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False advertisement + disclaimer = legal?

Discussion in 'Business & Tax Advice' started by haza100, Dec 26, 2013.

  1. haza100

    haza100 Registered Member

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    I stumbled across a website today that advertised 'FREE PC inspections' (for people with damaged PC's). Now, in their disclaimer / terms of service it states 'If you choose us to repair your PC (for $$$$), then the inspection is free', however, 'if you decide to not have the PC repaired by us, then an inspection fee of $300 will be charged', they also 'reserve the right to hold the PC until they receive the payment'.
    So as you can see, the inspection will never be truly free, as you will always pay them money.

    I was thinking, how legal actually is it to basically fuck people over by falsely advertising something and simply writing a disclaimer on the site stating something like 'The advertisements on this page are entirely fictitious'.
    Surely that can't be a loop hole, providing that people pretty much just tick 'I agree to the ToS' without a second thought now-a-days.

    Best regards
     
  2. bartosimpsonio

    bartosimpsonio Jr. VIP Jr. VIP Premium Member

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    I don't think that's illegal, but it looks really bad with customers. It's like those sweepstakes "YOU'VE WON A MILLION*, CLICK HERE"

    smallprint: "* You've won a million opportunities to win $5 bucks"

    Customers know that shit is worthless....if a pc repair shop is using that, I'd never approach a mile from its front door.
     
  3. bryanon

    bryanon Executive VIP Premium Member

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    The "is this legal" question can never be accurately answered unless we know which jurisdiction we're talking about. There are 195 countries in the world and each have different laws.

    With that said, in many jurisdictions intentional deception is in fact illegal, and in some it can even fall under fraud. What makes it tricky, though, is that in cases like this there's never a simple answer of whether the merchant has provided enough information or not (i.e. whether the fine print in their T&Cs is sufficient or not) - a question that only a lengthy trial can answer.
     
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  4. BarryAllen

    BarryAllen Junior Member

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    That's the biggest snake move an ad can make. Thankfully, I've never ran into "deals" like those. But as byanon specified every single country has it's own laws some being more lenient and some stricter. So I guess it really comes down to that.
    BA,
     
  5. Enryu

    Enryu Junior Member

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    By US standards, yes, it's legal. However, they can still easily be sued by the FTC for the misleading nature of their advertisements.
     
  6. tonib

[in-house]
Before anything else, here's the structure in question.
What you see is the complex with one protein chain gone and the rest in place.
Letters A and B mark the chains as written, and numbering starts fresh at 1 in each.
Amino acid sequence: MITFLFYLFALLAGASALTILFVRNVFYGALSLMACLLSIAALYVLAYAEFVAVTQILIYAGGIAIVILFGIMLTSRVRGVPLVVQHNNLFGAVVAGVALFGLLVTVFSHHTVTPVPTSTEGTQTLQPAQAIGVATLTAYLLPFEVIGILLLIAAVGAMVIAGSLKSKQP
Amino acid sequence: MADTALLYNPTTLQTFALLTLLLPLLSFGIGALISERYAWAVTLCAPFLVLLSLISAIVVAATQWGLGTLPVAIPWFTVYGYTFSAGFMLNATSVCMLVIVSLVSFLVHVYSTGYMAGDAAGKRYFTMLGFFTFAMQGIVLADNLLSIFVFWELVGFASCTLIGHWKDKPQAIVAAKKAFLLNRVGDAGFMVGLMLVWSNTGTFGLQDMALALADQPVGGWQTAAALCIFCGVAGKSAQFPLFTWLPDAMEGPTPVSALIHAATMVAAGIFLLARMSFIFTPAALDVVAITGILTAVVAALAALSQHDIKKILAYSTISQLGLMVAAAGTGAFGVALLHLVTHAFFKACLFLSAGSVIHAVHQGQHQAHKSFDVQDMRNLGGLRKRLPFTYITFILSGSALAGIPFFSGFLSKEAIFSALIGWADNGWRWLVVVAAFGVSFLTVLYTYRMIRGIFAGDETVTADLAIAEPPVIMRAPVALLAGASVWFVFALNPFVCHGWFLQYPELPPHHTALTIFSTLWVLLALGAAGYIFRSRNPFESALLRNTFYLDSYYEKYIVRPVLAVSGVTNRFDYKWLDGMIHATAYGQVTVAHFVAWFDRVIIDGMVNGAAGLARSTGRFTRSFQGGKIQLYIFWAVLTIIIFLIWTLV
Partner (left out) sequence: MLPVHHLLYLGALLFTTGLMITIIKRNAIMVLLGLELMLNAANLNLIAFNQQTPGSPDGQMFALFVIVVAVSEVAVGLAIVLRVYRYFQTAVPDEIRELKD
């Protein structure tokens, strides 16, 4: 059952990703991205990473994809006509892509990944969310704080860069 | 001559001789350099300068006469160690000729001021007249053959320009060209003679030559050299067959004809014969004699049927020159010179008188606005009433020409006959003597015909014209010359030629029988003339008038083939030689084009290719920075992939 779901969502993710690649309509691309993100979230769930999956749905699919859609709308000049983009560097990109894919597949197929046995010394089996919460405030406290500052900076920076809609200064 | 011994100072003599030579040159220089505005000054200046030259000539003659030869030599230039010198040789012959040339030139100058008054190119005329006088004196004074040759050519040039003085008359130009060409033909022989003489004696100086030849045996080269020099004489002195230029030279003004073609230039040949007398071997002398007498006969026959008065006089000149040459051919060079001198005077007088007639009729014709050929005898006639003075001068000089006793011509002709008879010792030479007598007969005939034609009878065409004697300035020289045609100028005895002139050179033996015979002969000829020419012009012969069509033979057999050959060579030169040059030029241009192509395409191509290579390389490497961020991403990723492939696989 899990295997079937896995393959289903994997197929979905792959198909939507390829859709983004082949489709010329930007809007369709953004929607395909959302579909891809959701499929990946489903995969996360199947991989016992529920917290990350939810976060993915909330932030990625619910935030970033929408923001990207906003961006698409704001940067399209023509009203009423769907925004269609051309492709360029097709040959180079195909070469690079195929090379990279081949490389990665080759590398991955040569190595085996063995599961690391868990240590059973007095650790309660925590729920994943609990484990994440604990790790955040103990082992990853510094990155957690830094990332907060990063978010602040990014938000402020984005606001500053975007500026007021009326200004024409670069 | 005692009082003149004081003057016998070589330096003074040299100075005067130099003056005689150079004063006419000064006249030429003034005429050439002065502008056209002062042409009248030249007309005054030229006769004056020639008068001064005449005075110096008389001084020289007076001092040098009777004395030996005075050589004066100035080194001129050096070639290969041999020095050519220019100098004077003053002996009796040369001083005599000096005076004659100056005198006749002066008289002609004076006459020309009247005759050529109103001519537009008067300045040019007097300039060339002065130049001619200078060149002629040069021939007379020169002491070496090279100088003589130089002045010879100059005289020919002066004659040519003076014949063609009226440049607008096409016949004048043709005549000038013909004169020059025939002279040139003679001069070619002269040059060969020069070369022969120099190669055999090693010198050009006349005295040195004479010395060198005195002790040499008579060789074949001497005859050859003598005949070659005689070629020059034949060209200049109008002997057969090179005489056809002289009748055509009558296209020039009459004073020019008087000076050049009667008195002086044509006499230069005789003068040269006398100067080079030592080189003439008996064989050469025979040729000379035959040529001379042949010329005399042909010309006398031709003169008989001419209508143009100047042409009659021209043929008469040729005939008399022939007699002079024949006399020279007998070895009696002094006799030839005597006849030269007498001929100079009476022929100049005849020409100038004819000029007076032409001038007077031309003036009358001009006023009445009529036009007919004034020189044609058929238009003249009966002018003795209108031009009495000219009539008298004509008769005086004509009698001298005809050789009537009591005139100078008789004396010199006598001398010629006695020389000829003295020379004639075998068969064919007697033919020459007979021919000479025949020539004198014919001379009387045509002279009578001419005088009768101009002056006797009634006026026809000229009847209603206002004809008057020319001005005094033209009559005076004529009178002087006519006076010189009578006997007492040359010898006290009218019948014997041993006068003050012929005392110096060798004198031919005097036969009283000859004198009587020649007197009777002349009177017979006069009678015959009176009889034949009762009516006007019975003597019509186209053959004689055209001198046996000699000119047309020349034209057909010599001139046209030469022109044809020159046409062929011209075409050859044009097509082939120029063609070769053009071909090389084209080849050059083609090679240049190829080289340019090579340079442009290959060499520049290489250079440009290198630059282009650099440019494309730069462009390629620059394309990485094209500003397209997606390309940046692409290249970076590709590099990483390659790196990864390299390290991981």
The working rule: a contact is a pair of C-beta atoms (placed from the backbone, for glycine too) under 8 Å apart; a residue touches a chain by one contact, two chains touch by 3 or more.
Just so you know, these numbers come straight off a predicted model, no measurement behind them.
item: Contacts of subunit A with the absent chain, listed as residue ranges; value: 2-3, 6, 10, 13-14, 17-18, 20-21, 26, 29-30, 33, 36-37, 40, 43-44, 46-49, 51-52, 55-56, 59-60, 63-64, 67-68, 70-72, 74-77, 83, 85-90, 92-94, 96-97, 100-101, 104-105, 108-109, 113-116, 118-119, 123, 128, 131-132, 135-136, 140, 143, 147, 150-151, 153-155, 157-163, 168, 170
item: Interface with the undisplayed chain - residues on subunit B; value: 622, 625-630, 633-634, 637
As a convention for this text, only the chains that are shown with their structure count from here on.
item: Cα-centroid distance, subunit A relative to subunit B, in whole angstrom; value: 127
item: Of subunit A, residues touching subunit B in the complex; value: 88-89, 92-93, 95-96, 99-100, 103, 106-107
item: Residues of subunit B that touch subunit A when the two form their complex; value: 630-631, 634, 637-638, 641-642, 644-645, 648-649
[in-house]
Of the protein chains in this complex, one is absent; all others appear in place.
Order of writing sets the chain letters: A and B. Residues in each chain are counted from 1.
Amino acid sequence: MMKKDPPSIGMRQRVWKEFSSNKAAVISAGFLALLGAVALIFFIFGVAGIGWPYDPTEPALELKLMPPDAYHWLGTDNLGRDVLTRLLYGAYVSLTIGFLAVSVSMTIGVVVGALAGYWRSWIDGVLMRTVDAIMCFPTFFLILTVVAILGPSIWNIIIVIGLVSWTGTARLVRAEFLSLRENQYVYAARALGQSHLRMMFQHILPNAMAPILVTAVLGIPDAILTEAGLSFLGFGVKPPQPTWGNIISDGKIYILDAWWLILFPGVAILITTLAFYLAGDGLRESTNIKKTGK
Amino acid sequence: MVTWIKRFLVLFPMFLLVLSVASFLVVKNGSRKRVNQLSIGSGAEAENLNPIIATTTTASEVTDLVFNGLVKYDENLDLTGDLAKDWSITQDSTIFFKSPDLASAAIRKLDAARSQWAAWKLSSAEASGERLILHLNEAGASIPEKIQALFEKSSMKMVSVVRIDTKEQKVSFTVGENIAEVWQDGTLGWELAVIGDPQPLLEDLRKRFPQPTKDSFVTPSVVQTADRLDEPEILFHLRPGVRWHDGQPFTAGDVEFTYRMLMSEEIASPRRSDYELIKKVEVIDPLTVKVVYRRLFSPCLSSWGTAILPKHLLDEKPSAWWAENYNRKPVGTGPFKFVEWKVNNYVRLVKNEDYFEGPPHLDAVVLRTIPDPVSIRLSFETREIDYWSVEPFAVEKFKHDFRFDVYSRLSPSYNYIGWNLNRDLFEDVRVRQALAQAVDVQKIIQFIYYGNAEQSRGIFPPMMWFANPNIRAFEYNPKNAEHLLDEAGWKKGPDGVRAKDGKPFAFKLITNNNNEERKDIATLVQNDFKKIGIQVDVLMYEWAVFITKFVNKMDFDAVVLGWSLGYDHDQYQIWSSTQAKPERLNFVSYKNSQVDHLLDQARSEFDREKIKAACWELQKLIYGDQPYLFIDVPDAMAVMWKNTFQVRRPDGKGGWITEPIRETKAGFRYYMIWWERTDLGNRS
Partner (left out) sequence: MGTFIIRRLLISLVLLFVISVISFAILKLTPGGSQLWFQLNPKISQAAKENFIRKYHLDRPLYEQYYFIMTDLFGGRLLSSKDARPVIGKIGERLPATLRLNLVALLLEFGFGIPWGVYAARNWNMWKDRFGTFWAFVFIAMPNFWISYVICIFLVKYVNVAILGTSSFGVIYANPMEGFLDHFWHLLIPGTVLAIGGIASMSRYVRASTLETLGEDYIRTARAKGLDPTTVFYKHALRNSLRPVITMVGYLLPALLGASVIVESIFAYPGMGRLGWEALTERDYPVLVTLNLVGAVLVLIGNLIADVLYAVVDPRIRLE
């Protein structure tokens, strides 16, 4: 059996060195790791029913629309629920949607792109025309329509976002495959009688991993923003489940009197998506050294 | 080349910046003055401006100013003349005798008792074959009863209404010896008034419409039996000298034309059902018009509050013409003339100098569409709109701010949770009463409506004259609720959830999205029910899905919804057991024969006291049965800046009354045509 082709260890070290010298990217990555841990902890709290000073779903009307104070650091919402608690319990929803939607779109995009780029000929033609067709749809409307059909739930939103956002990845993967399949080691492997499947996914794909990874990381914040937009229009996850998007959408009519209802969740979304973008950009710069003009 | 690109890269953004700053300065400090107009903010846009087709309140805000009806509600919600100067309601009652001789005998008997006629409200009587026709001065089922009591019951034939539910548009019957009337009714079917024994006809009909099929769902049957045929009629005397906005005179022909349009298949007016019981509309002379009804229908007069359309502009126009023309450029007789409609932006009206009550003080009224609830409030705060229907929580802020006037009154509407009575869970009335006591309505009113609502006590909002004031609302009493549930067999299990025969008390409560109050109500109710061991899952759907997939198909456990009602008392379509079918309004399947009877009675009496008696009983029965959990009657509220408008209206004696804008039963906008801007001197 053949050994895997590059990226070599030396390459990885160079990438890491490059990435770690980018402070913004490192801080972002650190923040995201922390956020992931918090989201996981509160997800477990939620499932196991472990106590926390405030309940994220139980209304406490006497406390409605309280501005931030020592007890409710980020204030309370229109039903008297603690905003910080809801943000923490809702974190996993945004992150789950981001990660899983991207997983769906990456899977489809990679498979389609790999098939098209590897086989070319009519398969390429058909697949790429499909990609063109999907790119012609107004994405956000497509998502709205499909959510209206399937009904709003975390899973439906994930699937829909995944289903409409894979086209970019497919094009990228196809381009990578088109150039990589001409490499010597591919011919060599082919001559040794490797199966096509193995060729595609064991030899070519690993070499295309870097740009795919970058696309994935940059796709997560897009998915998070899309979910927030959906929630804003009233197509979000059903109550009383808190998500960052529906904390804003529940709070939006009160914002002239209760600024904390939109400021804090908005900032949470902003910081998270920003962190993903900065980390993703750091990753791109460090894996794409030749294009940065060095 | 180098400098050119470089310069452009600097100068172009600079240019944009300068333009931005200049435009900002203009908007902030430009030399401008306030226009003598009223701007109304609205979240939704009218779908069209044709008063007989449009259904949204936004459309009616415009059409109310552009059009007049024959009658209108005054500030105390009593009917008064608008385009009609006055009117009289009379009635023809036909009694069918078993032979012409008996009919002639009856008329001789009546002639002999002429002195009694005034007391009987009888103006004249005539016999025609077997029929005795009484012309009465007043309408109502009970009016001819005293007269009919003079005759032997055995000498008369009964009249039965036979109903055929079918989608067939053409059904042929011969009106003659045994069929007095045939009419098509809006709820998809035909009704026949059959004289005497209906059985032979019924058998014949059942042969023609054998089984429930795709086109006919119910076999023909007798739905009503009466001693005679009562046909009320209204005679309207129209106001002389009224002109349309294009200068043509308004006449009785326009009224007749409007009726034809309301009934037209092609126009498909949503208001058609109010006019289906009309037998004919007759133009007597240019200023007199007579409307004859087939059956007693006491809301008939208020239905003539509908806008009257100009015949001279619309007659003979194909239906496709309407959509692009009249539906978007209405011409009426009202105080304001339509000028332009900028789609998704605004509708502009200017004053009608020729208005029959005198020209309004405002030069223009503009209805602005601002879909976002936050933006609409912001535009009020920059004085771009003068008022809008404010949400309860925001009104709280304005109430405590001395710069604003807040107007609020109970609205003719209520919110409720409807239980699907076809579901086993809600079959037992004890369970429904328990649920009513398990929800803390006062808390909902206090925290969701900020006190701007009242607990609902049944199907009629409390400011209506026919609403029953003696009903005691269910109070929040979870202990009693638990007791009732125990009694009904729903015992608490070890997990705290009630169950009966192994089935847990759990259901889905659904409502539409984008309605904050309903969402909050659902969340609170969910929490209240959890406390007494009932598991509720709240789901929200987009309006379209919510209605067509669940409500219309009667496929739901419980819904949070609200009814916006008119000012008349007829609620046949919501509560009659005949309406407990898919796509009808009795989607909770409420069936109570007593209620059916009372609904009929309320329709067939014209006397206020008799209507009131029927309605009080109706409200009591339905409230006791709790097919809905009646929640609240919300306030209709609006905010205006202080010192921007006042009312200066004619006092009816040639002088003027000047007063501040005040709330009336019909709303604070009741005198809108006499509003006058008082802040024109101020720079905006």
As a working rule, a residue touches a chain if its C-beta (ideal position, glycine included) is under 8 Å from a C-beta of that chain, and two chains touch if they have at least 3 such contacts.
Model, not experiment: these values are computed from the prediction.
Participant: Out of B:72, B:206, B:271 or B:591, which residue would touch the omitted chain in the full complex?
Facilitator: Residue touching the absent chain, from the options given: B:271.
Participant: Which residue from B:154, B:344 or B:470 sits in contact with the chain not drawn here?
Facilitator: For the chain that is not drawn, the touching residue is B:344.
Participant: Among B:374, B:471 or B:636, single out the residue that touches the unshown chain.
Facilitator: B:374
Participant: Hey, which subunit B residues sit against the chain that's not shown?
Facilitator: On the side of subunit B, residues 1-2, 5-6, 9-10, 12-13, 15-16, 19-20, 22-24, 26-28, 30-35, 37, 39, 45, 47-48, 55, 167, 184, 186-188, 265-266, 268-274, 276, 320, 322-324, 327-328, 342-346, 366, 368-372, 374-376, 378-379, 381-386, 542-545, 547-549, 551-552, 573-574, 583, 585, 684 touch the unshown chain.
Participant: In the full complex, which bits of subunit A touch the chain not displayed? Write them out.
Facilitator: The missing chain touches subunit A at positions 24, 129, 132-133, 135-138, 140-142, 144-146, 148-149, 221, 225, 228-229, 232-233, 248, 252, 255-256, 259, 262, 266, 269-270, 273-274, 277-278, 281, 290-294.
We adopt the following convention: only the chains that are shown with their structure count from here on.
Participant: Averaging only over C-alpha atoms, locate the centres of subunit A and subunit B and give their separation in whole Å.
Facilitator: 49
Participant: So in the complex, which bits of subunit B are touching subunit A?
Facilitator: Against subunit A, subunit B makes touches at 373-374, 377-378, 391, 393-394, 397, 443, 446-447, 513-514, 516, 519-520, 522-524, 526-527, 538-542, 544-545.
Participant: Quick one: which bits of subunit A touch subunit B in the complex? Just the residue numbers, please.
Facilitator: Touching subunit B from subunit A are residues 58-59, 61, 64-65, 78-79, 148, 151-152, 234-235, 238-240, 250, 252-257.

tonib Power Member

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    [citation needed]

    I am pretty sure they are supposed to show you the total in the end (including hidden fees).
     
  7. RushingWind

    RushingWind Elite Member

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    Most people tend to ignore those ads and the one's that promise a reduce in weight in 2 days except absolute newbies.
     
  8. Paper-Boy

    Paper-Boy Elite Member

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    Either way, this type of marketing won't make you go too far in IM IMO.

    Sure you could make a killing, but as soon as you get all these chargebacks and compliants you will realize this isn't something worth to pursue.
     
  9. MadStacks

    MadStacks BANNED BANNED

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    In the United States that is called false advertisement so yes it would be illegal but you know yourself
    you can get away with a lot of shit depending on what country it is coming from or if it a total online business.
     
  10. Enryu

    Enryu Junior Member

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    That's not how citations work...there is no source for the content of my quote, as it's original and directly regarding OP's specific case...unless you want a citation for the fact that the FTC takes up consumer interest lawsuits?

    I suppose to the unfamiliar it can be surprising what you can get away with when your conditions are stated in the TOS and plainly visible. The FTC personally handles consumer protection issues like this because oftentimes the laws alone cannot.
     
  11. tony_d

    tony_d Elite Member

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    If they're making full disclosure, and the user doesn't read the full disclosure, it's on the user... that said, however, it's a crappy practice, and certainly no way to build a long term business. But in the example you give above, I can't really imagine that they're care about long term business...